A constitution comprises the laws, rules and customs that establish the organs of a state, such as the government legislature and courts, the relationship between those organs, and the relationship between them and the people. The UK is distinctive and unique due to its constitution being uncodified (unwritten) in a single document, many argue that although it has held as in good stead for many centuries it is no longer fit for purpose in the 21st century.

There has been a strong case presented for the constitution, and that it is carrying its purpose effectively. Due to its uncodified flexible nature Parliament can amend or create any laws. This is because uncodified constitutional laws are not entrenched, making the basic provisions of the UK constitution as ease to change as any other law, so it can keep up with the changing time and the changing Britain. This is best shown at the time of the Dunblane junior school massacre in Scotland where many people died due to gun violence where 14 students died and 1 teacher, however parliament at that time responded quickly was able to change constitutional law on guns banning them. Unlike the USA’s codified constitution, where there was a mass shooting in San Bernardino, California in 2015 where there too were many people killed, however to change the 2nd amendment in the US constitution would require 2/3 of both houses of congress and support of 50 states making it very inflexible and hard to change, thus showing that our constitution is fit for purpose.

Another example of the UK’s constitutions being very flexible, is that it can also mean government can perform a better job. This is because it allows the UK’s government to be more stable and more accountable by creating constitutional acts that will aid the government, such as the Fixed-term parliament Act 2011 under the hung government which states in section 1 that the government can only hold general elections every 5 years thus meaning that the coalition government must stay the full five years creating stability, and in section 2 it says that 2/3 of the house must vote for a vote of no confidence to remove the recent one, also adding to the stability and accountability of the government. Unlike USA’s codified constitution which causes gridlock to create laws, thus showing that UKs constitution can adapt to any circumstance.

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Uncodified constitutions do not give as much power to judges in the Supreme Court as codified constitutions. Codified constitutions give too much power to the unelected and unaccountable judges. As we know codified constitutional law is superior to statute law, creating the need for a supreme court to check if and when the constitution has been breached. In countries like the USA, the Supreme Court can declare acts of the congress unconstitutional and are able to strike it down, giving immense power to the nine judges nominated for life by the president.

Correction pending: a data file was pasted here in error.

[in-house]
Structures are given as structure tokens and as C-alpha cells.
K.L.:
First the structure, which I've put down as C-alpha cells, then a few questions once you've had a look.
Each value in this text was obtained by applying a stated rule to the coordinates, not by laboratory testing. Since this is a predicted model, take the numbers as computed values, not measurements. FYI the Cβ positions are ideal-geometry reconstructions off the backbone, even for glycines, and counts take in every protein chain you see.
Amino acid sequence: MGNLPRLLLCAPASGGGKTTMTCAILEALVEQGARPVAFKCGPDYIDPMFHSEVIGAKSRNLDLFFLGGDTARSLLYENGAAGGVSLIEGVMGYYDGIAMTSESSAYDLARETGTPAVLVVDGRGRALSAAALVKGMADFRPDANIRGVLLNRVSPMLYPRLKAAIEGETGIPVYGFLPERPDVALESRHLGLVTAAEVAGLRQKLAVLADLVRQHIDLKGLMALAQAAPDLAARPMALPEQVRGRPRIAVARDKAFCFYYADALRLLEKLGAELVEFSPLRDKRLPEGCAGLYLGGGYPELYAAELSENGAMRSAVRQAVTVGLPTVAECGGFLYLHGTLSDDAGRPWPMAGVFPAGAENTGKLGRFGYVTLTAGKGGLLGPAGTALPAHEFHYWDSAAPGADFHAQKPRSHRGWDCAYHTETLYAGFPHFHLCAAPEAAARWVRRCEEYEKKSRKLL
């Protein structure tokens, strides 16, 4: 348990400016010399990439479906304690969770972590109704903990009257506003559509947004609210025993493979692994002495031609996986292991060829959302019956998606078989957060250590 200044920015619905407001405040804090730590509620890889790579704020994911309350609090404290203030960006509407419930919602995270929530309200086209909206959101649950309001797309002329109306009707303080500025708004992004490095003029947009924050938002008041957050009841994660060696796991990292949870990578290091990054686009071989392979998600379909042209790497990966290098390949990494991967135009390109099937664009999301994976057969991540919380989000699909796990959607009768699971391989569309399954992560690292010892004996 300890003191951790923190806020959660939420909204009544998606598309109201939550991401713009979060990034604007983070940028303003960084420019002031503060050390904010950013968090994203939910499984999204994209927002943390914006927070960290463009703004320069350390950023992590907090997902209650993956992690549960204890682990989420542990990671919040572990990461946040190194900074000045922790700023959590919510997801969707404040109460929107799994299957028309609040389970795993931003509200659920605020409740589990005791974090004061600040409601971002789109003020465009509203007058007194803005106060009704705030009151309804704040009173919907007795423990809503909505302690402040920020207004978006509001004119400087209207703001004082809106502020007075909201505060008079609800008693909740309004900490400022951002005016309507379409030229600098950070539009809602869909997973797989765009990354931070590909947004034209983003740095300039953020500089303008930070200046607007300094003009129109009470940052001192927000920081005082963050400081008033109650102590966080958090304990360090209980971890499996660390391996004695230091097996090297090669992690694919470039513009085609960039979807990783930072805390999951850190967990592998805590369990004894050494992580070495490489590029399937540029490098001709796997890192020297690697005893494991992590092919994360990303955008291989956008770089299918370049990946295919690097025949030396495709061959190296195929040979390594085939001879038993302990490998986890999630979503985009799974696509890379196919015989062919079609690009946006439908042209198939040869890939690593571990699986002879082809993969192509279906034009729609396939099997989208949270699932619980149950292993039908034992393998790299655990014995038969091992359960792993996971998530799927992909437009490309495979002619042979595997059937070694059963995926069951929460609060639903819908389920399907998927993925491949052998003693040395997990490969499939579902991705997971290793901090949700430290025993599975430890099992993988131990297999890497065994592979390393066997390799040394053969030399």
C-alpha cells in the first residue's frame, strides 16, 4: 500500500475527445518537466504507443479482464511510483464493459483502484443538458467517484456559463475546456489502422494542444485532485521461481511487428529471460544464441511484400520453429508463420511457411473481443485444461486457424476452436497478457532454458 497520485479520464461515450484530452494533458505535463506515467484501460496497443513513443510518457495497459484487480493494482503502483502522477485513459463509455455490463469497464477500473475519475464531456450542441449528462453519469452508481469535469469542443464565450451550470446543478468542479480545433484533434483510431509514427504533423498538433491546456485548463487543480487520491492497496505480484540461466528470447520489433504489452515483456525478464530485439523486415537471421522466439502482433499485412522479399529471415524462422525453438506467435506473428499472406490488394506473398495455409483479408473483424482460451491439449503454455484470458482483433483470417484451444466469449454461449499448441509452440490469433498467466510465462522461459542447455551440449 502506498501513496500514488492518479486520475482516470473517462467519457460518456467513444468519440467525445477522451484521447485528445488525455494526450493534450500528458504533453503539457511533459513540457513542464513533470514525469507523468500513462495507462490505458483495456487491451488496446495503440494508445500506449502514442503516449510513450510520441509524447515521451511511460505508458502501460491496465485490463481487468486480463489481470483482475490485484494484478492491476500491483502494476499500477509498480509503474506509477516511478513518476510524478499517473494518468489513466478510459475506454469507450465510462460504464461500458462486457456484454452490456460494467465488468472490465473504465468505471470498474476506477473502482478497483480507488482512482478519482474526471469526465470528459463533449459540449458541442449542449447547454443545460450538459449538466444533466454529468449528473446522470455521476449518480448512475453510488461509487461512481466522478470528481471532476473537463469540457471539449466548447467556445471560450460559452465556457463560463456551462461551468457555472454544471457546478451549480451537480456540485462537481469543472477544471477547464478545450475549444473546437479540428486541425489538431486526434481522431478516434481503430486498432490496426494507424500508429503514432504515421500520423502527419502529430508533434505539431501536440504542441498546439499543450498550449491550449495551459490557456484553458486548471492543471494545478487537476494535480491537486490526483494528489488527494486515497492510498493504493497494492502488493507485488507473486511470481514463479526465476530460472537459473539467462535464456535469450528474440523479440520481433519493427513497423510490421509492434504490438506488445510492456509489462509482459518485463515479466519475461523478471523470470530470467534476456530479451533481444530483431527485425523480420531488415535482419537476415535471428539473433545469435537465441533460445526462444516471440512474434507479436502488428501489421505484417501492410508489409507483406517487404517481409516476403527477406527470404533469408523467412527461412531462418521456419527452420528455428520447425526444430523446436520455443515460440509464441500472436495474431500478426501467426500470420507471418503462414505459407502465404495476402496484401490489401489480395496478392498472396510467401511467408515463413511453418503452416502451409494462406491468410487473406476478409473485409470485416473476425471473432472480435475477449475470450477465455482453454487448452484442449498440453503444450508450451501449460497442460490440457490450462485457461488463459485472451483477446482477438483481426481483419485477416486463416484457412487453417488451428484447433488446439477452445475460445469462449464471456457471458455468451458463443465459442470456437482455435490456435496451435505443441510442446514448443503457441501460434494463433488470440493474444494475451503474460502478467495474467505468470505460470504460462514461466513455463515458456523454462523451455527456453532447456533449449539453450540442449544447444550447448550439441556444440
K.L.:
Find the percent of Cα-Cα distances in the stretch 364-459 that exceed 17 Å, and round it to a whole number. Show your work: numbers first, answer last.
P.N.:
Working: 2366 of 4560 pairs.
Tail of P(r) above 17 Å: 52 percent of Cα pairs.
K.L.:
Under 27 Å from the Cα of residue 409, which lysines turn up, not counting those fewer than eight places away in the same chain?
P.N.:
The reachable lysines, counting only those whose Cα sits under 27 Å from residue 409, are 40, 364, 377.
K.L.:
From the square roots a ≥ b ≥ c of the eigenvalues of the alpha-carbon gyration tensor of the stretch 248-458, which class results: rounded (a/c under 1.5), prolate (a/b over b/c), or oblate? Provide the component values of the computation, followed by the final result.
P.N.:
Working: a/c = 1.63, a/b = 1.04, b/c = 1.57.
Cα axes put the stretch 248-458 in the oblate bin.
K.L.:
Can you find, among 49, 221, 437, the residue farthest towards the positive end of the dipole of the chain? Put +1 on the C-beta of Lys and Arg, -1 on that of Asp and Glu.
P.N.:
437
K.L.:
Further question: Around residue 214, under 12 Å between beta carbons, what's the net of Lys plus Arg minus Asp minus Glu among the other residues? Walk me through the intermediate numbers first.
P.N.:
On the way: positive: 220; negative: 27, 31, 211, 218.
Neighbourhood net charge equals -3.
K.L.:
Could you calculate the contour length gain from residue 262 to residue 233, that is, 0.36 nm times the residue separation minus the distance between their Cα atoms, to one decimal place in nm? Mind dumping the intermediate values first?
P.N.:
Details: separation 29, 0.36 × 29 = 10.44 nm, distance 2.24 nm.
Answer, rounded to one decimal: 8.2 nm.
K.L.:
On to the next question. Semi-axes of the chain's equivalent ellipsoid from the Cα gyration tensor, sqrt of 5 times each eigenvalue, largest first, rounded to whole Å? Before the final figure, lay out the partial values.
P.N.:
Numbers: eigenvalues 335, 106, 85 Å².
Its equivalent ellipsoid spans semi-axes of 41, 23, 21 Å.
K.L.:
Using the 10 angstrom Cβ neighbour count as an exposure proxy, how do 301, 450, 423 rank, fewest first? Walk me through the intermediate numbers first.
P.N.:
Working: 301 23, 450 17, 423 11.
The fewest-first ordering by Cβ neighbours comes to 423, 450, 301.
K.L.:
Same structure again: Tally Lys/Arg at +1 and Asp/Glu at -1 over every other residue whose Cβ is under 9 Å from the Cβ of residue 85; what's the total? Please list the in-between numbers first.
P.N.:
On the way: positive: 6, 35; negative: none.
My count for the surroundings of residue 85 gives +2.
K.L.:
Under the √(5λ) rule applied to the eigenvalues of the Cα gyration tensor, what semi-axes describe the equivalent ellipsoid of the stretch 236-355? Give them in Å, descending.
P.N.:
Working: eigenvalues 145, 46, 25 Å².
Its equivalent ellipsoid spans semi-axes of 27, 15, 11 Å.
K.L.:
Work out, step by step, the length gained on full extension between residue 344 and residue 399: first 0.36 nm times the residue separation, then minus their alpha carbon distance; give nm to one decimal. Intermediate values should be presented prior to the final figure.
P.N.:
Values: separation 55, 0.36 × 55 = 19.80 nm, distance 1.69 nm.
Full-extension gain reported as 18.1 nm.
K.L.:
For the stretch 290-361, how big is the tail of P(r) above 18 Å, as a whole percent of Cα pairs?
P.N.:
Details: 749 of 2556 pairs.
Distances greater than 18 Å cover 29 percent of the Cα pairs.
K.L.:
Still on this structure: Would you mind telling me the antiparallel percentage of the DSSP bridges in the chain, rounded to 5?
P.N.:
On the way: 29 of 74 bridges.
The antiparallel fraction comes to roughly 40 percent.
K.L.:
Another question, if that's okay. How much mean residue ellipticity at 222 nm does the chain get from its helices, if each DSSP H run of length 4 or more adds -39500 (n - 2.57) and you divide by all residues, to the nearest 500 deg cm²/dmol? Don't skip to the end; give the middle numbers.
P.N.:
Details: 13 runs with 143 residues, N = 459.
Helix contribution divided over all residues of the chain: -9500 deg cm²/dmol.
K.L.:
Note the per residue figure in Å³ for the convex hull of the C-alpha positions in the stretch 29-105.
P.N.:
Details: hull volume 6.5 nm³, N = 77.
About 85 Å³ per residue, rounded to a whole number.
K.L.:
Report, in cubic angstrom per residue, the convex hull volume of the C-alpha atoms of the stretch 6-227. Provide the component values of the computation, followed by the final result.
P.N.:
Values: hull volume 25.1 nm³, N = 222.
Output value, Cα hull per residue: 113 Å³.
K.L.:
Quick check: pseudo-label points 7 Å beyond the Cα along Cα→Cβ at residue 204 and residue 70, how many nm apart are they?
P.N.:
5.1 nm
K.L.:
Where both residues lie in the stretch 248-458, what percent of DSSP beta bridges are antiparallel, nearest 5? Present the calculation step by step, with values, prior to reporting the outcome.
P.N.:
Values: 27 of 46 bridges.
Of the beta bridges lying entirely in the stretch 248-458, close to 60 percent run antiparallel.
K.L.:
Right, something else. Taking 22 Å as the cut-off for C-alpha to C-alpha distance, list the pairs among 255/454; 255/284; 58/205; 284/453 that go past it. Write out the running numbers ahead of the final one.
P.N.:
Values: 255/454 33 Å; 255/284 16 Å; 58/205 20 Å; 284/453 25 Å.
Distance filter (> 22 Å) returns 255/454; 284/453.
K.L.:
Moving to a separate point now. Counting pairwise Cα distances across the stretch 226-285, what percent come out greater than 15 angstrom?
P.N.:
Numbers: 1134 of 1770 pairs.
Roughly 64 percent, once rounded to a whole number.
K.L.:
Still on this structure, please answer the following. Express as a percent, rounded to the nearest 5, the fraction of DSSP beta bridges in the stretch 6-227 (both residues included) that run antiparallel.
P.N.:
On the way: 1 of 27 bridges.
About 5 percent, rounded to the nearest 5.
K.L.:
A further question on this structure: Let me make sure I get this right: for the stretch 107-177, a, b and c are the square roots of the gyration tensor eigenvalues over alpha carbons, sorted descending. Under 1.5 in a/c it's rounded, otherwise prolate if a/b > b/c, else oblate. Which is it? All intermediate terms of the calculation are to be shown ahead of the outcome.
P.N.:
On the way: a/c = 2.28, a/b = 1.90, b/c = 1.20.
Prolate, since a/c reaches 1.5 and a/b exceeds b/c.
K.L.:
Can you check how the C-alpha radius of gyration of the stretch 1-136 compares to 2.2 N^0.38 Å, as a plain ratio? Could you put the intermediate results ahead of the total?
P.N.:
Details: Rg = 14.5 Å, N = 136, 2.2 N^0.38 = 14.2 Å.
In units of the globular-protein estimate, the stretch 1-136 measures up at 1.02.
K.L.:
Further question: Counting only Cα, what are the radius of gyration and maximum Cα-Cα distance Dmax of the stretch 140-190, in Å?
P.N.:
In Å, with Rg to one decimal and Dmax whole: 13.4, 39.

In the UK judges can only issue a declaration of incompatibility, but cannot strike it down, so if parliament wishes they can ignore the declaration, and retain parliamentary sovereignty. Many argue that “if it ain’t broke, don’t fix it”, just regularly update it. An example is the Criminal Justice Act 2003 which parliament changed, the jury selection and abolished double jeopardy to go after Stephen Lawrence killers again, however now it can be used against everyone even if they were found not guilty. They also changed the Criminal Justice and Public Order Act 1994 which they abrogated a defendant’s right to silence so it can be used against them. Unlike USA which has these Acts enshrined in their constitution (5th amendment) thus preserving human rights.

On the other hand, a strong case was also presented against the UK’s constitution in that it is in fact “broken”. When the Scottish Parliament and the Welsh and Northern Ireland Assemblies were established in 1998, the Labour government of the day must have regarded this reform as ‘finished business.’ However, issues surrounding devolution remain contentious. The Welsh Assembly gained additional legislative powers under the Government of Wales Act 2006. The Scotland Act 2012 implemented most of the recommendations of the Caiman Commission, this most notably enhances the fiscal powers of the Scottish Parliament. Which brought the famous West Lothian Question back into public consciousness. It calls on the House of Commons to adopt a principle which expects the UK government to act with the consent of only English MPs when proposing English­ only legislation, which toady creates the Grand legislature committee that only has English MP’s so they can vote for English laws. Uncodified constitution lets organic development as our constitution develops.